Earlier both Belgians and Canadians ate a lot less sugar, and one need not elaborate here the evils of too much sugar eating. They are far too well known. They ate a lot more bread, in fact 3-5 times as much as they do now, and much of this bread had its full complement of bran. Now we know the multiple benefits of whole bread and bran in particular, in lowering cholesterol, speeding up the metabolism of estrogens, etc. They ate their vegetables and fruits in season, if for no other reason than lack of choice. But this meant getting all the benefits these plant foods had to offer, in terms of vitamins, minerals, trace elements, and the indispensable phytochemicals.
At the same time, by being unable to obtain a favorite vegetable or fruit the year round, obliged the people to vary their plant diet. Meat came from free ranging animals, not from feed lots where the animals are fed the refuse of other industries and are loaded with antibiotics, growth hormones, etc. Chemical fertilizers, herbicides, fungicides, insecticides, food additives, and all the synthetic paraphernalia of modern food production, were still in their infancy.
The verdict of recent research
In short, their immune system was in a far better position to protect them from cancer. Few informed persons doubt today that a vigorous immune system is the best protection against most cancers, as against most other chronic degenerative diseases.
Recent research overwhelmingly supports this view. One study after another and from virtually all continents, point out that persons with diets deficient in plant foods, are at higher risk of cancers of the mouth and lungs, such as are typically caused by smoking. At the same time, it is strikingly obvious that out of all cancers, the smoking cancers are the most consistently related to dietary prevention. In a nutshell, if you smoke now or smoked sometime in the past, you cannot afford a diet poor in vegetables and fruits.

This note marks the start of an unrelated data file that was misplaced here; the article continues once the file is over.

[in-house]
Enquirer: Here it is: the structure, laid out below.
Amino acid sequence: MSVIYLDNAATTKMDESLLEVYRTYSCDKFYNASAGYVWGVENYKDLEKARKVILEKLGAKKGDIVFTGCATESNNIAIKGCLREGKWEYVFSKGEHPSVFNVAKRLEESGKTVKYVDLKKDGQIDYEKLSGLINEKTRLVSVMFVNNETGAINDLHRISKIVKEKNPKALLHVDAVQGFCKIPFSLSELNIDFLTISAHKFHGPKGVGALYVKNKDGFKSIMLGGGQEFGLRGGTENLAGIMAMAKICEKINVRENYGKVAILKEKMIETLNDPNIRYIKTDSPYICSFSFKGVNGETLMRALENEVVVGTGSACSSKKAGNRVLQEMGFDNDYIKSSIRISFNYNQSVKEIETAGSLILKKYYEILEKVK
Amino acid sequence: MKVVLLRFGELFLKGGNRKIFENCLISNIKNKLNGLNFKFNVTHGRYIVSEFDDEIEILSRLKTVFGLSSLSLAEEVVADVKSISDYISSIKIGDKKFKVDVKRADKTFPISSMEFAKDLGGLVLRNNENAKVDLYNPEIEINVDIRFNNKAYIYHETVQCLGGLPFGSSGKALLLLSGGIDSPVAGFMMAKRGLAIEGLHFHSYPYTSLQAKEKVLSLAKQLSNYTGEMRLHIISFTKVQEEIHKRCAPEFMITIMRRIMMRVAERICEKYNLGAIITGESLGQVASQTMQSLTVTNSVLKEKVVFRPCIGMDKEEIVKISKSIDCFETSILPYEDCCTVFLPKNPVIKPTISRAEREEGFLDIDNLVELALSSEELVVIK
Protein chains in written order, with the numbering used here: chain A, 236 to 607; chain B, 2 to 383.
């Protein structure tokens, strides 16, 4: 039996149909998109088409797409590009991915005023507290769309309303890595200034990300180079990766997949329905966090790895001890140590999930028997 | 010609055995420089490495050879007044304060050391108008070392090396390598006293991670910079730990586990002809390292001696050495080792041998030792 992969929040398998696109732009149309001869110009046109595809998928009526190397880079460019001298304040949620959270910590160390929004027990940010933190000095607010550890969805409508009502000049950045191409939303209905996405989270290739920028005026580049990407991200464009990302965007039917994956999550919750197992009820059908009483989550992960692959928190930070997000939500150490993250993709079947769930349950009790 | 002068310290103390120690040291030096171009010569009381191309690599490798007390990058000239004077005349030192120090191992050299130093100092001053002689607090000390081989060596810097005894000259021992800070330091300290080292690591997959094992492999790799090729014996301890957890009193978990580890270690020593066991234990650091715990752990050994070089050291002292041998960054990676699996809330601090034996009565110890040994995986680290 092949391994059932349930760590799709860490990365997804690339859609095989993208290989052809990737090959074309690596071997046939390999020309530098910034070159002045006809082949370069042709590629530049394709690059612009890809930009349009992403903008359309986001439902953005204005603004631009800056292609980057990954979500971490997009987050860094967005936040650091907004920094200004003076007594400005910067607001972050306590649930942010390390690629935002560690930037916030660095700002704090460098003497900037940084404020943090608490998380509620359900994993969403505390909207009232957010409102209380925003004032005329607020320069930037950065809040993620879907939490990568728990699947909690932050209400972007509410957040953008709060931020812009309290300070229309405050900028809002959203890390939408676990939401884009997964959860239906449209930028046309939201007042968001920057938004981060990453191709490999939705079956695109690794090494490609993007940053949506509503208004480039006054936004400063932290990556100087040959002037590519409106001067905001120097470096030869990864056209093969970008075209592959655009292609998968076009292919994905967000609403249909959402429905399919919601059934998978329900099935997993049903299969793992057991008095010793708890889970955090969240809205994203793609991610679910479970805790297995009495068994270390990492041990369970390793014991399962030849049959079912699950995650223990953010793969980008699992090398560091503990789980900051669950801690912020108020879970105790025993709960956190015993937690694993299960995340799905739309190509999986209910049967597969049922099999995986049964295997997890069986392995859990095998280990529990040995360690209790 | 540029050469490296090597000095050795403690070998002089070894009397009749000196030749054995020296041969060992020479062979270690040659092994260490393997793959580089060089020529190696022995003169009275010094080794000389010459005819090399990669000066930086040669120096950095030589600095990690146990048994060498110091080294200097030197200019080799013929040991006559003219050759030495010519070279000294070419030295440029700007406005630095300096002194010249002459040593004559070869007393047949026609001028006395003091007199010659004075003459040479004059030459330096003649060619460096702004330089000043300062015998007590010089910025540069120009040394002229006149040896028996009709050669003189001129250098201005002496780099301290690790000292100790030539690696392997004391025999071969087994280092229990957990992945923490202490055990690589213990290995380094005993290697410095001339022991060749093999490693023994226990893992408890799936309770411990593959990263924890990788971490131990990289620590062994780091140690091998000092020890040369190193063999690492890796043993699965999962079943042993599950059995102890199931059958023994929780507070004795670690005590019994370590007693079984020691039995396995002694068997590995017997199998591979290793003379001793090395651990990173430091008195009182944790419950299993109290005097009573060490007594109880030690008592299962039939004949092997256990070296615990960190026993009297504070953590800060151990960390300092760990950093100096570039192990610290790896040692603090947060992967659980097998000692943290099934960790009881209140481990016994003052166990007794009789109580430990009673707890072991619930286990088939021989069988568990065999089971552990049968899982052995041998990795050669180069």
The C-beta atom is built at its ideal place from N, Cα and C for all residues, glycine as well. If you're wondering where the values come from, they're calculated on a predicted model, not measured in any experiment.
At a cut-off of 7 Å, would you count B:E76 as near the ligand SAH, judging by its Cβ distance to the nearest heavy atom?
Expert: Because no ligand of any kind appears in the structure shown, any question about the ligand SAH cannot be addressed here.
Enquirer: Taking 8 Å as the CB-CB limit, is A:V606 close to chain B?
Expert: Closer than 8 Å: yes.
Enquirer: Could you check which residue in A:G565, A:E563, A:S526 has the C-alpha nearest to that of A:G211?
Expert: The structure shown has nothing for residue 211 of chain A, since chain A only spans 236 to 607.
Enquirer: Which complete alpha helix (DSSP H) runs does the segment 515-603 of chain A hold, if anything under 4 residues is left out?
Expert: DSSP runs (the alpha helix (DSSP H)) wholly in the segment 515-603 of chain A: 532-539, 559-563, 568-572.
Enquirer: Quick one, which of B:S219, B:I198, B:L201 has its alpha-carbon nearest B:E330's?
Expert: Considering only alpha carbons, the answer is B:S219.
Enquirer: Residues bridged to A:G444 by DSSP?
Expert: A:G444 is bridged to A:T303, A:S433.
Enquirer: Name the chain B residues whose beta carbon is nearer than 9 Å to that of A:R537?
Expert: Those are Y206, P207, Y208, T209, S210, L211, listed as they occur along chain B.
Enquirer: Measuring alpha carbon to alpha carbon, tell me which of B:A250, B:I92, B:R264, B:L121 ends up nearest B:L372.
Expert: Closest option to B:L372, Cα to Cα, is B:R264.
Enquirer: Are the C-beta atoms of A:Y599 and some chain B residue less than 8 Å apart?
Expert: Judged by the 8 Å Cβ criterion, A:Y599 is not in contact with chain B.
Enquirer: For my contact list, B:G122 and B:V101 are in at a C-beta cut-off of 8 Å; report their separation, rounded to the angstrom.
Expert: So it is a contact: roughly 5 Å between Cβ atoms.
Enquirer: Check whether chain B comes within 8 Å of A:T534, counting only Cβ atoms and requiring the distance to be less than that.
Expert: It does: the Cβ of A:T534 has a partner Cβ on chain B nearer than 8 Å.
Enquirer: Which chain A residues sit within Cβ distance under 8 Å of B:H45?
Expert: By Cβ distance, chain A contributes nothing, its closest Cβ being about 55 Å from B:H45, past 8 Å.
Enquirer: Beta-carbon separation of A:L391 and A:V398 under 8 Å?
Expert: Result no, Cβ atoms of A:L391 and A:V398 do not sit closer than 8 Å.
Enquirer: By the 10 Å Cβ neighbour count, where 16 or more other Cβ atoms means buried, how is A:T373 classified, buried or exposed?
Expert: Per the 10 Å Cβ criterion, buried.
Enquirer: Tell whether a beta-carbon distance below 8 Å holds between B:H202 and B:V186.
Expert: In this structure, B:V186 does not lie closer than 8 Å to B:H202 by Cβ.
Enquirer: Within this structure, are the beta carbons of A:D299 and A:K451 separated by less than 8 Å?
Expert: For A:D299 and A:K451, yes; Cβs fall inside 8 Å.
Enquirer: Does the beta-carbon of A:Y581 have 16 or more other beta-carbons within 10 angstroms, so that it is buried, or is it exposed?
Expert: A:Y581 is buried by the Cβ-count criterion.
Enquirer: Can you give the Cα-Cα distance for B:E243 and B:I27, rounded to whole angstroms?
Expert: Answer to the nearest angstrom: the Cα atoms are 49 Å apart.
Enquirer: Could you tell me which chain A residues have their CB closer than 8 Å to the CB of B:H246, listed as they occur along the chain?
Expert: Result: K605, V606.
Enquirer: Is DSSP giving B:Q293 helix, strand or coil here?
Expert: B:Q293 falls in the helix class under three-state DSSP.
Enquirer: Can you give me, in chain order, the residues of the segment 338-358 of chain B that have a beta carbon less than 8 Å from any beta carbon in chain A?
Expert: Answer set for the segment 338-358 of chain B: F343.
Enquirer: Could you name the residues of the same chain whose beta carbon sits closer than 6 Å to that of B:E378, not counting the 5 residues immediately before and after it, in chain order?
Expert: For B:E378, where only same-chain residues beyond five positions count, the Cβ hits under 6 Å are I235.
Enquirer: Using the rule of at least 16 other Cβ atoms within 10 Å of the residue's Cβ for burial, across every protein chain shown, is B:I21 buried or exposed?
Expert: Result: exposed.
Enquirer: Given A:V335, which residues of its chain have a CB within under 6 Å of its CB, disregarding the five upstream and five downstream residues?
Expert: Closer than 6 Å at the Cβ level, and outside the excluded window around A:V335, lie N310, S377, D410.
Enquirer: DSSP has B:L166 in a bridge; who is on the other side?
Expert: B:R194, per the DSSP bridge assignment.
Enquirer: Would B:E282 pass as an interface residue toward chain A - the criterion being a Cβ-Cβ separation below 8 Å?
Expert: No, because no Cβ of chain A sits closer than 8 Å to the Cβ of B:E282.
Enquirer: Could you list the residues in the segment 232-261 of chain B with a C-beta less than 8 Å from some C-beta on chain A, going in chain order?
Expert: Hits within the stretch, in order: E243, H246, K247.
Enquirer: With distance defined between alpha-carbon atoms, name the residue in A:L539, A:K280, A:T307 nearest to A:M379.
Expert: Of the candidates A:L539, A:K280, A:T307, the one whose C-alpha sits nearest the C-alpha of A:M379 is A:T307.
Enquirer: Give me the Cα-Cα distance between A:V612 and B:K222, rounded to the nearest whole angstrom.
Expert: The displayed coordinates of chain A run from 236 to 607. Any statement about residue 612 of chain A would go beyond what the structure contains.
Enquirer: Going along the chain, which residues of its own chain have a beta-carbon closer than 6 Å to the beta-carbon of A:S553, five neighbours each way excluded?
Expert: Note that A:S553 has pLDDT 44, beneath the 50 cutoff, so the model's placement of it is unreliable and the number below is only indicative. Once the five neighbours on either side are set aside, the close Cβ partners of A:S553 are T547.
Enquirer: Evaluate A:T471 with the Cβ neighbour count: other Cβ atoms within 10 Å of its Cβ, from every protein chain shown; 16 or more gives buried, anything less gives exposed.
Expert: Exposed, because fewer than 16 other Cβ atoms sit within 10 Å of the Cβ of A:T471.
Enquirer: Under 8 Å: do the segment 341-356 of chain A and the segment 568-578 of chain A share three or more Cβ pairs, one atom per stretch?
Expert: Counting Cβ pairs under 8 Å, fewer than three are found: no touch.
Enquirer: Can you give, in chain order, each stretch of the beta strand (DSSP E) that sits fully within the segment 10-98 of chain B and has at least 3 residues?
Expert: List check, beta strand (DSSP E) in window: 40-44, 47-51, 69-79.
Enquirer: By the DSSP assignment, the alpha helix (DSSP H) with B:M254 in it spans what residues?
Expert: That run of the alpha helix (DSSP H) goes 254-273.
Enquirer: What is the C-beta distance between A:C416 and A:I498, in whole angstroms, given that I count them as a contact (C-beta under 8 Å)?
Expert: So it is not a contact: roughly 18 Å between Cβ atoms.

If you give up smoking, you take a step in the right direction, but you are still at risk. You will minimize the risk by eating the right foods. The best protective foods against lung cancer are beans, broccoli, Brussels sprouts, carrots, collard greens, green tea, kale, lettuce, low-fat milk, pumpkin, sweet potatoes, and tomatoes. Eat as many as you can of these raw or in salads. But all vegetables and fruits are helpful. The rules to follow are that with vegetables, the darker green a leafy vegetable is, the better. And with fruits, the more pronounced the yellow-orange color, the better. A deeper color simply signifies a greater quantity of beneficial ingredients. If you can afford it, and you can arrange it, give solid preference to organically grown products.
And if you are so unlucky as to have lung cancer, or for that matter any other cancer, do not believe anyone who tells you that you can eat anything you like, as if your intake of food is of no consequence to your health or to your life. Today, this is the mark of a very ignorant citizen of the 21st century..